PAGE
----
Intro: When given the opportunity… or when in Rome… actually, I don’t think either of these really work too well, but what I’m trying to do is segway into my blog post about my stop-over in Cairn, Queensland, Australia; gateway the Great Barrier Reef!
Having come via New South Wales and a month at my research field site in Papua New Guinea (a post saved for another time!), I had to stop-over in Cairns on my return. Being a student of earth and ocean sciences, I have a love for the oceans and am fascinated by marine life and processes. I’ve wanted to do my scuba diving certification and dive the Great Barrier Reef (GBR), thus, I took the opportunity to delay my flight-layover and check out the fish and coral on a 5 day live-a-board boat with ProDive PADI from Cairns.
Being underwater is like immersing yourself into a different world, and what a better place to do it than the Great Barrier Reef; one of the 7 Natural Wonders of the World. Not only is it home to over 2000 species of fish, sharks, turtles and jellies, but it includes over 600 types of coral, which is going to the highlight of this post. While not as popular or well photographed as the stunning fish, the corals of the GBR are the lifeline, and as a geologist it’s also cool to see one of the most common rock types in the making; limestone.
Science Spiel: Reefs and Future Rocks along the Great Barrier (Oceanography, Biology, Geology)
As I mentioned in the intro, corals really are the lifeline to the GBR, and in fact, they are living creatures themselves. Each coral is a collection of tiny coral polyps; little jellyfish (sort of). There are many different varieties of coral, but they can be classified as two main types; hard and soft coral. Hard corals are by far the most common, and they come in a variety of spectacular types, which are named quite appropriately I think, as obvious by the photos. These include branching coral (the fastest growing coral, including the common staghorn, finger and needle forms), boulder coral (honeycomb, brain) plate/table coral, cabbage/lettuce coral (elephant ear), and more!
The main structure of coral is formed from each polyps as they secrete calcium carbonate (CaCO3) from the surrounding seawater and use this to form the coral’s skeleton. This is how reefs build up to form great masses, and what’s even neater is that the calcium carbonate skeleton forms rocks called limestone; one of the most common rock types found in the geological record. What’s so important about limestone is that even when you see rocks that are millions of years old and on the peaks of mountains thousands of kilometres from the ocean, if they are made of limestone then it is likely that they originally formed in an environment much like the Great Barrier Reef we see today.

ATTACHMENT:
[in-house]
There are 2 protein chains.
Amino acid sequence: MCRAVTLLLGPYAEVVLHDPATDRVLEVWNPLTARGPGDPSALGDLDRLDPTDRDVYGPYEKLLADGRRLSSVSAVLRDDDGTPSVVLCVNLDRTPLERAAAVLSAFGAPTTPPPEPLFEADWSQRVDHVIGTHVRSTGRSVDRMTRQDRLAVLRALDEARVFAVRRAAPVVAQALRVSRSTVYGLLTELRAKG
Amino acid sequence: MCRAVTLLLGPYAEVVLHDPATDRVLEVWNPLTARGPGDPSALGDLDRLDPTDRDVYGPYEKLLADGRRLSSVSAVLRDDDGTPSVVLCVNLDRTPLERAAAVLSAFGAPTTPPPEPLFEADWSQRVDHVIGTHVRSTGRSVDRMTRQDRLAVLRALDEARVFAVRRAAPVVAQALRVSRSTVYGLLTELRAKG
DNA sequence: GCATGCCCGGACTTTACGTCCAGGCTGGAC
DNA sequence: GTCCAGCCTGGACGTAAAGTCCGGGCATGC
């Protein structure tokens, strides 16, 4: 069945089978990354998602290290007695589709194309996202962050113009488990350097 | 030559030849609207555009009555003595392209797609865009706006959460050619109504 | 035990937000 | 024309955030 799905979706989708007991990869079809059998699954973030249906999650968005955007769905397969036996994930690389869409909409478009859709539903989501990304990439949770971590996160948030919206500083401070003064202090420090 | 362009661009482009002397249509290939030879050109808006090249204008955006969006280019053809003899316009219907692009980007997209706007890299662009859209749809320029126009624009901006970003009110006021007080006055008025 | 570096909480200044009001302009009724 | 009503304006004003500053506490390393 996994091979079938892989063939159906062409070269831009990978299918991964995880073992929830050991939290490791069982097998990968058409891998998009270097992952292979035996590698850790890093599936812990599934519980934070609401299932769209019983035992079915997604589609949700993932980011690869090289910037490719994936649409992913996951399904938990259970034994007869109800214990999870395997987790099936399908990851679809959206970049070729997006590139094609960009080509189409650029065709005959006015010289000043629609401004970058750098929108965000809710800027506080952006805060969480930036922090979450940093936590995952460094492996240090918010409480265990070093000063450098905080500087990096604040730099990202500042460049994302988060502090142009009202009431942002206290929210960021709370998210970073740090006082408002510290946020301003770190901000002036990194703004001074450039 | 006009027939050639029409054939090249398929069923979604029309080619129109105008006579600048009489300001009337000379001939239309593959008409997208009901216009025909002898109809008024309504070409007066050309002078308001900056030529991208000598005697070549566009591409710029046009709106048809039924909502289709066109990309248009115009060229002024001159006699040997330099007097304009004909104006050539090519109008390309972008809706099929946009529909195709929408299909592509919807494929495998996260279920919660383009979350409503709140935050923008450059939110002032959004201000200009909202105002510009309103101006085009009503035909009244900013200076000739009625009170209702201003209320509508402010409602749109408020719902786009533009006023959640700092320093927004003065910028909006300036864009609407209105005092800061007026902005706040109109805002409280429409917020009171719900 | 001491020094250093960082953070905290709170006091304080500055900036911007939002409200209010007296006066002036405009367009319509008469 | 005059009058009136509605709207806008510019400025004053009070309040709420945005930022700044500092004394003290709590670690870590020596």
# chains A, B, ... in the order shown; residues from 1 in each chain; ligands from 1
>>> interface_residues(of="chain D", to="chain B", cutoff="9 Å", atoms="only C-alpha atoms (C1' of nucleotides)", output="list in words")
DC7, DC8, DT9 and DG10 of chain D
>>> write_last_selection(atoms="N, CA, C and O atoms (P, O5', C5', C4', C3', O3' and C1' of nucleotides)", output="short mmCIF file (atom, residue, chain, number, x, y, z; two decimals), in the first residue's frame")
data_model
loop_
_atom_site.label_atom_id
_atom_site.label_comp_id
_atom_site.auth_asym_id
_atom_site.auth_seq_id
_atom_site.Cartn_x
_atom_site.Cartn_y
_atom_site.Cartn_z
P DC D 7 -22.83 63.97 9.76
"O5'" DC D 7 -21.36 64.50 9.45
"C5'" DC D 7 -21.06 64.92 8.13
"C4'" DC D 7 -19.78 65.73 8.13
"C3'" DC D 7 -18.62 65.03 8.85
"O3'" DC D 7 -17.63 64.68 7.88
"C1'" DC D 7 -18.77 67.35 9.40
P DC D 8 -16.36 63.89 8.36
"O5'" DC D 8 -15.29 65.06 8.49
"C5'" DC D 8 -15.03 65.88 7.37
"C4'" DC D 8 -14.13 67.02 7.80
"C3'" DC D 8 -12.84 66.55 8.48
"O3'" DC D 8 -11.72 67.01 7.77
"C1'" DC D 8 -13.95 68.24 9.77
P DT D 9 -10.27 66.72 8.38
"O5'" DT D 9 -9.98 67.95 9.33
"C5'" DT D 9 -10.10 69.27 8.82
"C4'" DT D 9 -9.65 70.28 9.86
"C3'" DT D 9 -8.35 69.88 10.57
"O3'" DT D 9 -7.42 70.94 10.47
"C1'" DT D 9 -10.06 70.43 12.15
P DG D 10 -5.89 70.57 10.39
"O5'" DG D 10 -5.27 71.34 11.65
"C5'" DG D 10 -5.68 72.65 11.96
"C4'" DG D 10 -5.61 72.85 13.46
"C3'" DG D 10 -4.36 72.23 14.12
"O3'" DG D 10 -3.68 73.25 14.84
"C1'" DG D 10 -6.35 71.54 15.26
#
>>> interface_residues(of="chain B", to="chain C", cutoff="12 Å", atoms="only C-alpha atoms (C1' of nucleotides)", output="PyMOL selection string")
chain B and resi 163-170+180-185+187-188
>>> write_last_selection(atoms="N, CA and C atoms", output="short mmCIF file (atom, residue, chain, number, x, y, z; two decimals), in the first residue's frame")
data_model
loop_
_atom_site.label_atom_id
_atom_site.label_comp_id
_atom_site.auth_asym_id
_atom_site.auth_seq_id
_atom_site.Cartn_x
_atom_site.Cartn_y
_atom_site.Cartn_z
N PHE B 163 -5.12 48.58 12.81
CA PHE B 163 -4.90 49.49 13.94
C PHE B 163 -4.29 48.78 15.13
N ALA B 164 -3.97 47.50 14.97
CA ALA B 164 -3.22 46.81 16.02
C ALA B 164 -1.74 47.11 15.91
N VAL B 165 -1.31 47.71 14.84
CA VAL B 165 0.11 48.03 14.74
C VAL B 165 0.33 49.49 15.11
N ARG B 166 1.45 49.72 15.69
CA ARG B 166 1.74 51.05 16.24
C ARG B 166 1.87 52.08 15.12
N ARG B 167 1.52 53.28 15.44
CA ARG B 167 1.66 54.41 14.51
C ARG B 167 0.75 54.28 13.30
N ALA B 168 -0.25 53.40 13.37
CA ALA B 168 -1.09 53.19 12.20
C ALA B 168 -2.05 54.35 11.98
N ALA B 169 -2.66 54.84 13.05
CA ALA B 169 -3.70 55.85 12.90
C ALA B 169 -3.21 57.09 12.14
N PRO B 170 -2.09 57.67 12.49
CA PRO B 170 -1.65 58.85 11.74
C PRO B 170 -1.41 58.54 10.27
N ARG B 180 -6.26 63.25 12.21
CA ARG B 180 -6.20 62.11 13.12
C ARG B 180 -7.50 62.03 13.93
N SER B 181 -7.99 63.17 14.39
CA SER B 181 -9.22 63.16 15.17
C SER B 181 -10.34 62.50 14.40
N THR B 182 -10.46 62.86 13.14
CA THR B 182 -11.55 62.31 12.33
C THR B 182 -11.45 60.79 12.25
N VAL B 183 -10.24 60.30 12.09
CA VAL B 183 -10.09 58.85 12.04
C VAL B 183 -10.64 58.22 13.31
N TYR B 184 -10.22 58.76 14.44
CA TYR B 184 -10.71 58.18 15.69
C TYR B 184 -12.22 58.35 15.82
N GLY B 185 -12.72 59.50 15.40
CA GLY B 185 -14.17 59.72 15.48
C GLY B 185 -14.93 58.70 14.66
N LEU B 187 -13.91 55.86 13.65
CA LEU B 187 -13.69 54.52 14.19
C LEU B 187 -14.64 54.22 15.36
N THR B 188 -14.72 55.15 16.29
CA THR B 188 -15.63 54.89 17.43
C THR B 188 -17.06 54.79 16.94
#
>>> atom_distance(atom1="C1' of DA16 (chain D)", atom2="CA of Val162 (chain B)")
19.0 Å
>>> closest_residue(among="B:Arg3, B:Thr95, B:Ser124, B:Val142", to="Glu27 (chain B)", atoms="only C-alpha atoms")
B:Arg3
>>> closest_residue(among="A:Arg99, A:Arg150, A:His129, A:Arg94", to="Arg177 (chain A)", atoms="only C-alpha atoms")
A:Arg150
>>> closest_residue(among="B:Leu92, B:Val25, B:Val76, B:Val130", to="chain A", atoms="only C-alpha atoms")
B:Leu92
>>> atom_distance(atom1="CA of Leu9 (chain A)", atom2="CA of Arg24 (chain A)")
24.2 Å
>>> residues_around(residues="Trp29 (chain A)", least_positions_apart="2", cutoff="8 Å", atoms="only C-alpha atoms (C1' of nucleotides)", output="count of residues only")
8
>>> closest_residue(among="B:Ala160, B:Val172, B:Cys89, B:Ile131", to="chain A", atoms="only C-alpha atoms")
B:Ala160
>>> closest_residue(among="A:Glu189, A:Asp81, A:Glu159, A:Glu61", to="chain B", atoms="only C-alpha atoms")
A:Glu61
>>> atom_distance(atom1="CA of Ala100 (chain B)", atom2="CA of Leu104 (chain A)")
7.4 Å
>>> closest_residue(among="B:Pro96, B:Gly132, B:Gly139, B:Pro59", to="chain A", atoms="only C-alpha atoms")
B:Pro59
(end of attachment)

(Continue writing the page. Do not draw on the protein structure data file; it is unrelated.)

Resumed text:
Because of their calcium carbonate skeletons corals are very sensitive to their environment, specifically changes in temperature and acidity. Even small changes to slightly more acidic conditions (lower pH) will cause enough damage to dissolve a coral’s CaCO3 skeleton. An indication of early environmental stress, possibly from corals becoming too hot, is bleaching (a response when corals shed their colourful algae and appear bleached). Unfortunately, due to climate change the average sea surface temperature is likely to continue to increase to up to 1 to 3 degree warmer than at present in the next 100 years, which, along with the increased CO2 in the atmosphere and rising sea level, will decrease coral’s small habitable zones (Great Barrier Reef Outlook Report, 2009).
The Great Barrier Reef is one of the most biodiverse and therefore complex natural systems on earth. It is massive, close to 350,000 km2, and yet incredibly fragile. I would encourage anyone to take the opportunity (when in Rome!) to check out the reef, as it really lives up to its title of one of the 7 Natural Wonders of the World. If you keep your eyes open and curiosity engaged you will learn a lot and appreciated this unique underwater environment all the more. A good way to educate yourself is to read up ahead of time on the reef, or even easier, check out some local educational presentations like Reef Teach in Cairns. Scuba diving and/or snorkeling is a fantastic way to see the GBR, but as I would also recommend keenly, try not to be too distracted by the fish and check of the living future rocks in the making (i.e., amazing corals that surround you)!
…that being said, I will end this post with some non-coral focused photos below because I’m a hypocrite, cheers!
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